I read a few of Tom Piccirilli’s noir novellas (The Nobody, All You Despise, You’d Better Watch Out and Loss) and I absolutely loved them. These dark, nasty books were superbly written. Unfortunately, Piccirilli died a few years ago, and maybe I’m wrong about this, but it almost seems like he’s being forgotten already. His books are not forgettable, but there’s not a huge amount of discussion of his work online. His personal website has been down for a few years now too. Maybe there’s a hidden Piccirilli cult somewhere, and I haven’t been looking in the right places, but my point here is that I think that Piccirilli’s writing should be better known than it is. I loved his crime fiction, so I thought that I had better check out some of his horror too. I read 3 novels for this post.
A Choir of Ill Children
Bantam Spectra – 2006 (Originally published 2003)
This was quite good. It’s about a psychic weirdo who lives in a mansion in a small town with his conjoined triplet brothers and their partner. There’s a bunch of witches and other freaks living in their town too. It was quite literate for a horror novel. There’s narrative shifts and symbolism and lots of that kind of thing. Piccirilli seems to have been a writer’s writer. The inside cover is absolutely full of quotes from other horror authors saying how great this book is. Even Thomas Ligotti sings its praise. I had a very bad cold when I read it though, and it was heavier than what I needed at the time.
Leisure Books – 1999
I like Piccirilli, and I sometimes enjoy occult horror, but this one didn’t really do it for me. A black magician returns to his hometown because his best friend has been locked up in a mental asylum for digging up a corpse and showing it to a kid. Lots of people are going missing, and everyone in town is scared. Demons show up, and things get worse and worse. It sounds like a good story, and parts of it were quite creepy, but it didn’t really work. Piccirilli doesn’t really go in for much exposition, and the reader is left with a lot to figure out for themselves. This is fine in a crime novel, but when goetia, telekinesis and a potentially unreliable narrator are involved, it gets quite confusing. Also, I felt a bit like some of the occultism parts were a bit gratuitous. There’s one scene in which the protagonist beats up the naked ghost of Aleister Crowley. I’m all for fiction about Aleister Crowley being abused, but aside from that ridiculous scene, this book is dark, slow-burning atmospheric horror. Again, this is clearly well written. Piccirilli is good at what he’s good at, but I felt that the plot here just didn’t come together as neatly as I had hoped.
The Night Class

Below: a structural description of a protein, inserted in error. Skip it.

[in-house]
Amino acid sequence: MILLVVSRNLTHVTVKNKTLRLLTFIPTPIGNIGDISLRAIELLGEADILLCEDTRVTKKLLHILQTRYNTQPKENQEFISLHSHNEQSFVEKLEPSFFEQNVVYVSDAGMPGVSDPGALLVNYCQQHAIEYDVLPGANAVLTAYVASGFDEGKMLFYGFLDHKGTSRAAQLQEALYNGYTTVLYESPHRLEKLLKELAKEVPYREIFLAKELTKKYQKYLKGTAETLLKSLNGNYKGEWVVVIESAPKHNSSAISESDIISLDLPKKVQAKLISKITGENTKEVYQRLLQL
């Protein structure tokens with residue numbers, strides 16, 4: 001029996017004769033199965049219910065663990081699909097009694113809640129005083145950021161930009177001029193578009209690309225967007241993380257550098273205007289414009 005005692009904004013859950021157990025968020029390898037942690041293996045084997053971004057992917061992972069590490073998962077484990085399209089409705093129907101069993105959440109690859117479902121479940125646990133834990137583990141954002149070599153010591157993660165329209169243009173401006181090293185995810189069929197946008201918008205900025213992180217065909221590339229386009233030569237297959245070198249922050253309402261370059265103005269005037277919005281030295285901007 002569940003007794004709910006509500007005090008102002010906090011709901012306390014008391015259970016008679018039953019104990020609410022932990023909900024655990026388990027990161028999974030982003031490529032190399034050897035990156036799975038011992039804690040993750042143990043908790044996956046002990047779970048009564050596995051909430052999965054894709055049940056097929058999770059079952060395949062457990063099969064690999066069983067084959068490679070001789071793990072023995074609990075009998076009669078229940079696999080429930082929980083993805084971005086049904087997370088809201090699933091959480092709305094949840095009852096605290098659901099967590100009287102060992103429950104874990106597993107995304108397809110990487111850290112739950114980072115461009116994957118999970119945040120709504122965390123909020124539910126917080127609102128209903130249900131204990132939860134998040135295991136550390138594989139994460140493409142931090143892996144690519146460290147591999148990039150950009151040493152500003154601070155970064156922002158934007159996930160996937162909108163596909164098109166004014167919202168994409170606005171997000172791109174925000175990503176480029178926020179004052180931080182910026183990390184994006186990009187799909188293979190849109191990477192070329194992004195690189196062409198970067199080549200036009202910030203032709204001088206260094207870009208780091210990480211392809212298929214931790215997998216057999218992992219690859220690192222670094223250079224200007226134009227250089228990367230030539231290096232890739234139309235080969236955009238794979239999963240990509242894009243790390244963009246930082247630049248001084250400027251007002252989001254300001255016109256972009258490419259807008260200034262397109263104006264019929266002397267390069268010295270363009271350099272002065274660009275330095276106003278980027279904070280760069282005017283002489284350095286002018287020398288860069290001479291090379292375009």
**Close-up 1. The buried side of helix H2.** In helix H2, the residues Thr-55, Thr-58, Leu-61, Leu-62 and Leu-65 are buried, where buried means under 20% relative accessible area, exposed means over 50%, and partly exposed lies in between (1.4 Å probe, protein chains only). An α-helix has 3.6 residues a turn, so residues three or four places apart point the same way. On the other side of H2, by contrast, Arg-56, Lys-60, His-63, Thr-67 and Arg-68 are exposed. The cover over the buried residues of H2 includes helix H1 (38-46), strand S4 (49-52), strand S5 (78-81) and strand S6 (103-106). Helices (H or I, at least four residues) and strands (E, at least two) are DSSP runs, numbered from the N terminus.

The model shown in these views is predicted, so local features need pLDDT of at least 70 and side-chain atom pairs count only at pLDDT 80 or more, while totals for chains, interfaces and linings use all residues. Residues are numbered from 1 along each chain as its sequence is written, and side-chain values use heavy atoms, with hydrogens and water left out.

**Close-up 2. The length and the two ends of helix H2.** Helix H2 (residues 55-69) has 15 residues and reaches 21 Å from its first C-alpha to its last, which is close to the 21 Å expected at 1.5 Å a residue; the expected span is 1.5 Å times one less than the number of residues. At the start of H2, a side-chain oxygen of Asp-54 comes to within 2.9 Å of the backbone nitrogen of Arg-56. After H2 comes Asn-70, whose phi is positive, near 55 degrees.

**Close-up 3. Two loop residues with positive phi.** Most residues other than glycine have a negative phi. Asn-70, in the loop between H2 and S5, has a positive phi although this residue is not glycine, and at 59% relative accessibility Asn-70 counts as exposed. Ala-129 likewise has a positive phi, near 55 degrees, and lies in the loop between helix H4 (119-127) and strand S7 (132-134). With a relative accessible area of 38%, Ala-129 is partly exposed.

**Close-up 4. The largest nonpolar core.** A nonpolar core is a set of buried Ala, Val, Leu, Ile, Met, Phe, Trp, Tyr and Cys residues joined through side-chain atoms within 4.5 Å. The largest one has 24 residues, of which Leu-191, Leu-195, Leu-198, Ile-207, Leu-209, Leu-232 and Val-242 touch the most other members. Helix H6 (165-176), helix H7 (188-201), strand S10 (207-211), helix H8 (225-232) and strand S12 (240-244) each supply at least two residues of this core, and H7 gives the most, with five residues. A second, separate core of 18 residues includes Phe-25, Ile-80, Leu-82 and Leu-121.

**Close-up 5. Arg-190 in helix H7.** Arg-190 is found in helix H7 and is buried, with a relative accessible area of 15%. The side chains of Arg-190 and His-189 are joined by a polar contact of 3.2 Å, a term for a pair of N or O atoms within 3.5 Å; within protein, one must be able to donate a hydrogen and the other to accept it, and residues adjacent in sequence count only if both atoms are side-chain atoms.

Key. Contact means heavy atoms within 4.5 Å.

Leisure Books – 2002 (Originally published 2001)
I wasn’t super impressed by either of the above novels, but I wanted to give Piccirilli another go. I chose this book because it won a Bram Stoker award for Best Novel in 2002, so I assumed it would be pretty good.
It starts off with a college student sitting through an uncomfortable philosophy lecture. I spent 4 years sitting through philosophy lectures, so I was immediately able to empathise. This kid gets pissed off by his lecturer, so he goes home. When he gets there, he answers his ringing telephone to be greeted by silence. We then find out that a girl was brutally murdered in his bed while he was on Christmas vacation.
Ok, at this point, I was very much enjoying the book. We’re set up for a murder-mystery. Unfortunately, Piccirilli throws in the following elements, for no discernible reason, and things getting very confusing.
- Caleb suffers from stigmata.
- Caleb’s older sister killed herself and Caleb is haunted by her ghost.
- Caleb’s girlfriend comes from an incest family, and her nephews and nieces are hydrocephalic.
- There’s a mysterious love interest that goes nowhere and adds little to the story.
- Nobody pays any attention to the bloodstains on Caleb’s bedroom wall.
- Caleb’s friend Fruggy Fred is a hippy radio host who sleeps a lot. There are several brief allusions to this guy, but he never actually shows up, and Piccirilli doesn’t give the reader any reason to care about him. Unfortunately, he becomes an important character at the end.
- The faculty of the unversity have sex with the students and kill them (and/or fail them) if they refuse. Are they demons or vampires or just jerks?
Honestly, I really wanted to like this one, but it was a mess. Maybe I’m really stupid and didn’t understand it.
Of the three novels I read, A Choir of Ill Children was the best. It was a good novel, but can’t honestly say I enjoyed it a whole bunch. I far prefer Piccirilli’s writing when it’s concrete and clear. I don’t need my horror to be tidy and entirely cohesive, but the tropes that he uses in these novels (inbred freaks, demons, stigmata…) don’t mix well with the literary, existential horror he’s pushing. These books were more confusing than scary. I’ll very likely read more Piccirilli in the future, but I might stick to his crime stuff for a while.